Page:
AI companies would point out that they do take steps to ensure applicants are comfortable with the experience. Sapia shares its personality profiles, video interview firms often let applicants rehearse and reshoot video until they’re comfortable with it, and HireVue in 2021 announced it had eliminated a controversial feature that visually analyzed applicant video. That made job seekers self-conscious about facial movements and wary of discrimination based on attributes like skin color, says Lindsey Zuloaga, chief data scientist at HireVue, and the company found it added little useful data on top of analyzing what applicants were saying.

“At some point, we decided the natural language processing piece is just getting so much more powerful,” says Zuloaga. “Let’s just drop the rest of it.”

But a Pew Research Center survey released last year found many Americans are generally wary of AI hiring tech, with 71% opposed to AI making a final hiring decision and 41% opposed to AI reviewing job applications at all. Some 66% of U.S. adults say they wouldn’t want to apply to a job with an employer using AI “to help in hiring decisions,” according to Pew, with some respondents concerned about bias and the general limitations of AI to understand a job candidate the way a human would.

Of course, dissatisfaction with the job application process didn’t begin with AI. Job seekers have for years complained about hiring bias, impersonal application processes, recruiters overly reliant on mechanistic buzzwood matching, and unsettling personality tests. Indeed, says Scherer, part of the reason it can be hard to automate employment decisions is that unlike other applications of machine learning like email filtering, where people generally agree which messages are spam, there’s nothing like a universal consensus about how to evaluate workers or what makes a good employee. “There isn’t usually massive agreement across lots of different managers and recruiters on exactly how good or bad each employee is at their job,” he says.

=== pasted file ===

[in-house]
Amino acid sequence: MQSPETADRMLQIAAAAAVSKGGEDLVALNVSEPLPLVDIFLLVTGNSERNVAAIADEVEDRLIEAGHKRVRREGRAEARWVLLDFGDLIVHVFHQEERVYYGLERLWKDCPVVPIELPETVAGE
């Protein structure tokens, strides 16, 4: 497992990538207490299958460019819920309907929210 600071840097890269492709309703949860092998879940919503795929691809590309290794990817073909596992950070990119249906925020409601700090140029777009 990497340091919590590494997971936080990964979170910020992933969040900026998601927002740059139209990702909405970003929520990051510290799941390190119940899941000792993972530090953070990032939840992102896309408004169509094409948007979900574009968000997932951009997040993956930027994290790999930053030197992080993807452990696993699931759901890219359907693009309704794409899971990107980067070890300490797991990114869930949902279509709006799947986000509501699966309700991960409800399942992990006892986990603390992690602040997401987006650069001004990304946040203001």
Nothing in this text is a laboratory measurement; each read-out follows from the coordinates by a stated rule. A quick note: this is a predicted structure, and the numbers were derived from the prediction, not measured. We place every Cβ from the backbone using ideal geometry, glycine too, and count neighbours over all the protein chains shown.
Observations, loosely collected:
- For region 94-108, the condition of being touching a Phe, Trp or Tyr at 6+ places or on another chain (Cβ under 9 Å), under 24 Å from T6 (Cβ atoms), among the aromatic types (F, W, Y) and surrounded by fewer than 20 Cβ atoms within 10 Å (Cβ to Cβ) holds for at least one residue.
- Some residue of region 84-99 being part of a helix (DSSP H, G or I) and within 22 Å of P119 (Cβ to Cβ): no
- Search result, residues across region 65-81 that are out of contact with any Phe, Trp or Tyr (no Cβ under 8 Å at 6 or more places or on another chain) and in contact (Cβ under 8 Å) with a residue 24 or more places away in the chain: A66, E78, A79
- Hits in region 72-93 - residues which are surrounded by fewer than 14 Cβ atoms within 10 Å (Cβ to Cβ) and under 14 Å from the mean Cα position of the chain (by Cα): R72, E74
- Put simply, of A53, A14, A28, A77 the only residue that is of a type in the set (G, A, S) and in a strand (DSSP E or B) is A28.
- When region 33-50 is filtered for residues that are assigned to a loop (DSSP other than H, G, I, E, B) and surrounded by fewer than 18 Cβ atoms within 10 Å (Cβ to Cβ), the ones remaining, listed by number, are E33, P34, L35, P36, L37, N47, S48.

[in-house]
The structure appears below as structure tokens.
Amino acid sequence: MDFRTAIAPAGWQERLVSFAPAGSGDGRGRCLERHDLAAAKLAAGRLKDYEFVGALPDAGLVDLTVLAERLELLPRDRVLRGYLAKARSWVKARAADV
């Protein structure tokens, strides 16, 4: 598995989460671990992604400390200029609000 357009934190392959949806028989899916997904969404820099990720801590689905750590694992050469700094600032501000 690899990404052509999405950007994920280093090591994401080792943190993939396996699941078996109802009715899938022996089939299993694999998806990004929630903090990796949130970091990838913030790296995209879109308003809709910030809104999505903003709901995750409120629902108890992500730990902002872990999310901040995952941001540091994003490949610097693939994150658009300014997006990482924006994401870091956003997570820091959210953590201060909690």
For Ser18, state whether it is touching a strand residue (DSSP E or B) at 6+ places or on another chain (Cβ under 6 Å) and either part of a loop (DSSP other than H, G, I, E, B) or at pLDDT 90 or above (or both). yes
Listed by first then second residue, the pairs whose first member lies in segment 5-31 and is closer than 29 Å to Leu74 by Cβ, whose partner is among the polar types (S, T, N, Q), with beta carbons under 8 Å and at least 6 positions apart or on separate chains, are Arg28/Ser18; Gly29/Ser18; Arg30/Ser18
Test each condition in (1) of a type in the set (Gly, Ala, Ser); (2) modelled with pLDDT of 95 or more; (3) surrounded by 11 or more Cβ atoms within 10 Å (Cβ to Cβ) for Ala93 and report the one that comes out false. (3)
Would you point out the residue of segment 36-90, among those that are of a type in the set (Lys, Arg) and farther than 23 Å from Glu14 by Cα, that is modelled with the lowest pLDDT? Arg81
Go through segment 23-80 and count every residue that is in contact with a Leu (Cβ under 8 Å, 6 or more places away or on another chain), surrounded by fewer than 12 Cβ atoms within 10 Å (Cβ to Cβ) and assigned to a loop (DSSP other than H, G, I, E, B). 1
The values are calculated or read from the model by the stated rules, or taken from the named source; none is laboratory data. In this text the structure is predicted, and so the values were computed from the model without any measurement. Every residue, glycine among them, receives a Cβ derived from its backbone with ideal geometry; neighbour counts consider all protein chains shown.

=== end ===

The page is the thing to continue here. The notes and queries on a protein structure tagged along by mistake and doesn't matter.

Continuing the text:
And despite optimism among some of the Pew survey participants about human understanding, bias by human hiring staff is well-documented. Hiring staff have a tendency to look for candidates that look like themselves, and people’s gut instincts are often more flawed than they realize. Oft-cited research from the hiring site Ladders suggests human recruiters screening résumés often spend only six or seven seconds per candidate, which Polli says makes skewed decision making essentially inevitable without the aid of an automated system carefully designed to fight bias.

“It’s not to say that the human mind can never make unbiased decisions,” says Polli. “It’s just not going to do it in this standard résumé review process that is six seconds long.”

In theory, that could be addressed by more rigorous human screening, with trained evaluators carefully weighing each applicant’s pluses and minuses. Scherer suggests human evaluation could be coupled with AI tools limited to providing candidates with basic information, verifying they meet minimum job requirements, and perhaps suggesting candidates that might be worthy of a second look.

But at the moment, when employers looking to ramp up staffing seem naturally wary of assigning the workers they do have to time-consuming candidate screening, dealing with AI seems increasingly inevitable for those looking for many jobs.

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Steven Melendez is an independent journalist living in New Orleans. More